Here is a list of caters used by the major US carriers at their hubs (where most of the catering is done):

American -- LSG at Miami and Dallas. GateGourmet at Chicago and St Louis.

Continental -- Chelsea (owned by Continental) at Newark, Houston and Cleveland.

Delta -- LSG at Salt Lake City and New York JFK. GateGourmet at Atlanta and Cincinnati.

Northwest -- LSG at Detroit and Minneapolis. GateGourmet at Memphis.

United -- LSG at Denver. GateGourmet at Los Angeles, San Francisco, Chicago and Washington Dulles.

US Airways -- LSG at Philadelphia, Pittsburgh, Charlotte, Phoenix, Las Vegas.

As you can see, the policies of the airlines itself around allergens should not be thought to carry through to the caterer and second, it doesn't really matter who you fly, you'll probably be getting food from one of these caterers.

WH

0

Share this post


Link to post
Share on other sites

Oh, I'm glad to hear this. I'm leaving on vacation next week, flying Delta. I'll have to change my meal from vegan to gluten-free. Or maybe there is some way I can manage both (& get soy free too ...) -- don't airlines sometimes have a fruit plate option?

0

Share this post


Link to post
Share on other sites
Oh, I'm glad to hear this. I'm leaving on vacation next week, flying Delta. I'll have to change my meal from vegan to gluten-free. Or maybe there is some way I can manage both (& get soy free too ...) -- don't airlines sometimes have a fruit plate option?

Yes, fruit plate is often an option. Here is a typical list of special meals provided by the caters, although individual airlines may not offer all of the options:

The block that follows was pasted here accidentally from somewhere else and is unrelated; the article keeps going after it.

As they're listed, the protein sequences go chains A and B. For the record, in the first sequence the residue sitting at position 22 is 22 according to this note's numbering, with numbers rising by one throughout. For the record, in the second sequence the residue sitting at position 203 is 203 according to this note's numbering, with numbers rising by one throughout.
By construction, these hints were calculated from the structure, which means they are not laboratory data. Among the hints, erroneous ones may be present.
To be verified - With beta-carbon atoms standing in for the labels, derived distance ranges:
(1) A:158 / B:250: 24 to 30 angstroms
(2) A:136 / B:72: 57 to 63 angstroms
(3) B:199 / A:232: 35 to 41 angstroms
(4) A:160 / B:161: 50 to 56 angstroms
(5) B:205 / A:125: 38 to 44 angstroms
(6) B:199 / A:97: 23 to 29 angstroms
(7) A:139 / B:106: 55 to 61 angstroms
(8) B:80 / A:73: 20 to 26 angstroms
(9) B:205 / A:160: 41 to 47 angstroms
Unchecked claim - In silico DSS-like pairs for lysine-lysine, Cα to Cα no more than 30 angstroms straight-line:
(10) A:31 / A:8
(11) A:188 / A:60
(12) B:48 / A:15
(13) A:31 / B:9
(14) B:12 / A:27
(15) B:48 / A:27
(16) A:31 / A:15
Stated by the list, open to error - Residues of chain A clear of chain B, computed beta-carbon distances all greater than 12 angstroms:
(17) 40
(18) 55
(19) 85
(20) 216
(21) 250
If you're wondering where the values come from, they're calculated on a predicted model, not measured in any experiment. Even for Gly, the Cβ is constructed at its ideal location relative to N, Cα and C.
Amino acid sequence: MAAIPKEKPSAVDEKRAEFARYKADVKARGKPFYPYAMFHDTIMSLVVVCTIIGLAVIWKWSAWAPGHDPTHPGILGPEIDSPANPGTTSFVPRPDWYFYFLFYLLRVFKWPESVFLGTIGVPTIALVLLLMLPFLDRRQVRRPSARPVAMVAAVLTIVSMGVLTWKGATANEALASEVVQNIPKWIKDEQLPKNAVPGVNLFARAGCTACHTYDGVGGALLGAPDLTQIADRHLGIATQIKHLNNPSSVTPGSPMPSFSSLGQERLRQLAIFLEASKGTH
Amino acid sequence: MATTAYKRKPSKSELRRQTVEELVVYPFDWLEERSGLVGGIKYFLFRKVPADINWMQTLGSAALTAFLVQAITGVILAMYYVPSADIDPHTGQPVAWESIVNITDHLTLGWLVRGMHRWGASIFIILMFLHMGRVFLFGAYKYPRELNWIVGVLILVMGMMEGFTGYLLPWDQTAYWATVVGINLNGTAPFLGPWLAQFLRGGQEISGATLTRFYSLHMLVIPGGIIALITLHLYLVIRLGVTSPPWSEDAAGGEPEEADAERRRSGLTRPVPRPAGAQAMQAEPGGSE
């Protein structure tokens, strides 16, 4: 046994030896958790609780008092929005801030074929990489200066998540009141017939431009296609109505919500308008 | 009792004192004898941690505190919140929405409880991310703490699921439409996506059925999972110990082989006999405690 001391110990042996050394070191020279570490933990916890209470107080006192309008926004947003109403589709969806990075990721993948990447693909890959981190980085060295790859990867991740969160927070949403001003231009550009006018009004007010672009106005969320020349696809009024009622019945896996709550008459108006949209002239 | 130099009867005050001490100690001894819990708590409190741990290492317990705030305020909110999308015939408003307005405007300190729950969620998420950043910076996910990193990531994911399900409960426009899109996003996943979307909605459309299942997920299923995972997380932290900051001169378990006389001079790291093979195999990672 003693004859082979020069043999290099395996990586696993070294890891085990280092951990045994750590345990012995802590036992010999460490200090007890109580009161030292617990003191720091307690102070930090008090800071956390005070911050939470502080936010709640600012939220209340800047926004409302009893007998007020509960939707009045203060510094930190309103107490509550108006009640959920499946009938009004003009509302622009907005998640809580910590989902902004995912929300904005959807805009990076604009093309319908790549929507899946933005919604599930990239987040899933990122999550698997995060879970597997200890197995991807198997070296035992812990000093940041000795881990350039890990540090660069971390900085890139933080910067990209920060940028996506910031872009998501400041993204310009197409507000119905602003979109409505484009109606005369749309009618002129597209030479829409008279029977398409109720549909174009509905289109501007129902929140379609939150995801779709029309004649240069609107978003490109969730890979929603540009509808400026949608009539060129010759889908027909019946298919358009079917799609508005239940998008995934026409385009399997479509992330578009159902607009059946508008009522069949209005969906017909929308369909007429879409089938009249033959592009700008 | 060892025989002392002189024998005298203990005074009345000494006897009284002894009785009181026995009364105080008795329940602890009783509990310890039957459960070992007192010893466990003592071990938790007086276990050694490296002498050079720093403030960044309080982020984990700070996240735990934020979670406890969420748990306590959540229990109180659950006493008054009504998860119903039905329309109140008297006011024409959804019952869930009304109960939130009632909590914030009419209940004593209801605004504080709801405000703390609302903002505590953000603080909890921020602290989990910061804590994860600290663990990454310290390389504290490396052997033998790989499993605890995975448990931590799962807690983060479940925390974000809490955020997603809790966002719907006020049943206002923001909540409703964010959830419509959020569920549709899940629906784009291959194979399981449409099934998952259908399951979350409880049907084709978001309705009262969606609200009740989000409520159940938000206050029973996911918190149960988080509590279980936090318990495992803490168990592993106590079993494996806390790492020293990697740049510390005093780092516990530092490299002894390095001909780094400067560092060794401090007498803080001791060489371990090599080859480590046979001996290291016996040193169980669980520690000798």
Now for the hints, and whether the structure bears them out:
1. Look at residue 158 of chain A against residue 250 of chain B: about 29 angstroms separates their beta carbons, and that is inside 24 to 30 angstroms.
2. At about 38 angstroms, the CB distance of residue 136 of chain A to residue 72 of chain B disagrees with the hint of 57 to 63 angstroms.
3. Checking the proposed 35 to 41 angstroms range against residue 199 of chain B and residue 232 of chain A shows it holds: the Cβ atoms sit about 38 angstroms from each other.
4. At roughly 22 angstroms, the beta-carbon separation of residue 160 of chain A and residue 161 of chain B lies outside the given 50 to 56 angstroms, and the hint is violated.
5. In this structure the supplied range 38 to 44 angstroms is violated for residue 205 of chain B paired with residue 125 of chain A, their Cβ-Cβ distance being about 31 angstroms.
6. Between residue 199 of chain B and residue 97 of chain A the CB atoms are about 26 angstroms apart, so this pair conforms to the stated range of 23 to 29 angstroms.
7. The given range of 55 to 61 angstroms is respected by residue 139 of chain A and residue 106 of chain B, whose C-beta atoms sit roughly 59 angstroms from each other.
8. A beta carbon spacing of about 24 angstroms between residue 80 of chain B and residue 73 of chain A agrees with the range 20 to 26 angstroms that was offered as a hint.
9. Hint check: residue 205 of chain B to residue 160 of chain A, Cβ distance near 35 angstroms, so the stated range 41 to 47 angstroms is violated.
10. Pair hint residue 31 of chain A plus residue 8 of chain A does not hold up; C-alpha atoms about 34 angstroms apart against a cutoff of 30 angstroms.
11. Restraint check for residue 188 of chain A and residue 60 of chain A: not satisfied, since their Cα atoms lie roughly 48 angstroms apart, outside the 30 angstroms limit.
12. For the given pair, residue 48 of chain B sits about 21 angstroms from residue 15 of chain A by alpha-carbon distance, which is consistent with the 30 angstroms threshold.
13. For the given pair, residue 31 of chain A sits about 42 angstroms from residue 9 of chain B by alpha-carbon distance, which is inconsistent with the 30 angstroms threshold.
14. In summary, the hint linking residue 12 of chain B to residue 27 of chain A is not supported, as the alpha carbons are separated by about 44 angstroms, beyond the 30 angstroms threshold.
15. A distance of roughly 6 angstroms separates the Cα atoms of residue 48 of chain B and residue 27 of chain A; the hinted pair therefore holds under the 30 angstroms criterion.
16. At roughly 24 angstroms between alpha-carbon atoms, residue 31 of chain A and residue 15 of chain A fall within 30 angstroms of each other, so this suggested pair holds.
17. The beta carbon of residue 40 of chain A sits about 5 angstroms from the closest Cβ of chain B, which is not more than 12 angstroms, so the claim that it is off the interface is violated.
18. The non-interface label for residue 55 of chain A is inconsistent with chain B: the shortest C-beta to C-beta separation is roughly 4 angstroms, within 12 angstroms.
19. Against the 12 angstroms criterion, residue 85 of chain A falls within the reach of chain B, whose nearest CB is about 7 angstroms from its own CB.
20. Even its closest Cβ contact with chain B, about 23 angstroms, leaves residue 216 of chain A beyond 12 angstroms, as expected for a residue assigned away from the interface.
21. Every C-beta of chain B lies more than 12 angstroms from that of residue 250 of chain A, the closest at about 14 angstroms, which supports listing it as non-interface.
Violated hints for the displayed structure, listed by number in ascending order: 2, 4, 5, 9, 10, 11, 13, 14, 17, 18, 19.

Bland Meal

Diabetic Meal

Gluten Free Meal

High Fiber Meal

Low Calorie Meal

Low Cholesterol/Low Fat Meal

Low Protein Meal

Low Sodium Meal

Non Lactose Meal

Low Purine Meal

Asian Vegetarian Meal

Raw Vegetarian Meal

Western Vegetarian Meal (strict, vegan)

Western Vegetarian Meal (lacto-ovo)

Hindu Meal

Kosher Meal

Moslem Meal

Baby Infant Meal (up to 2 years)

Toddler Meal (2 - 3 years)

Children Meal (from 3 years onwards)

Fruit Plate

Macrobiotic Meal

Seafood Meal

0

Share this post


Link to post
Share on other sites
Ads by Google:


I recently flew from Prague to Paris to New York - JFK on Air France, and was provided with a gluten-free meal for the Paris-JFK leg of my trip. Granted, Air France is not a US domestic airline, but I was still impressed that I was at least offered the option. You have to call a few days before your flight to request the meal, but it was easy to do, it was marked on my ticket when I checked in, and it was also marked on the passenger list, because they came and found me before they served the meals. The food itself wasn't that great, (although from what I'm told Air France food in general is pretty good) but I didn't get sick from it, and my entire tray was wrapped in a layer of plastic (even after they had heated up the main dish) which made me feel a bit safer.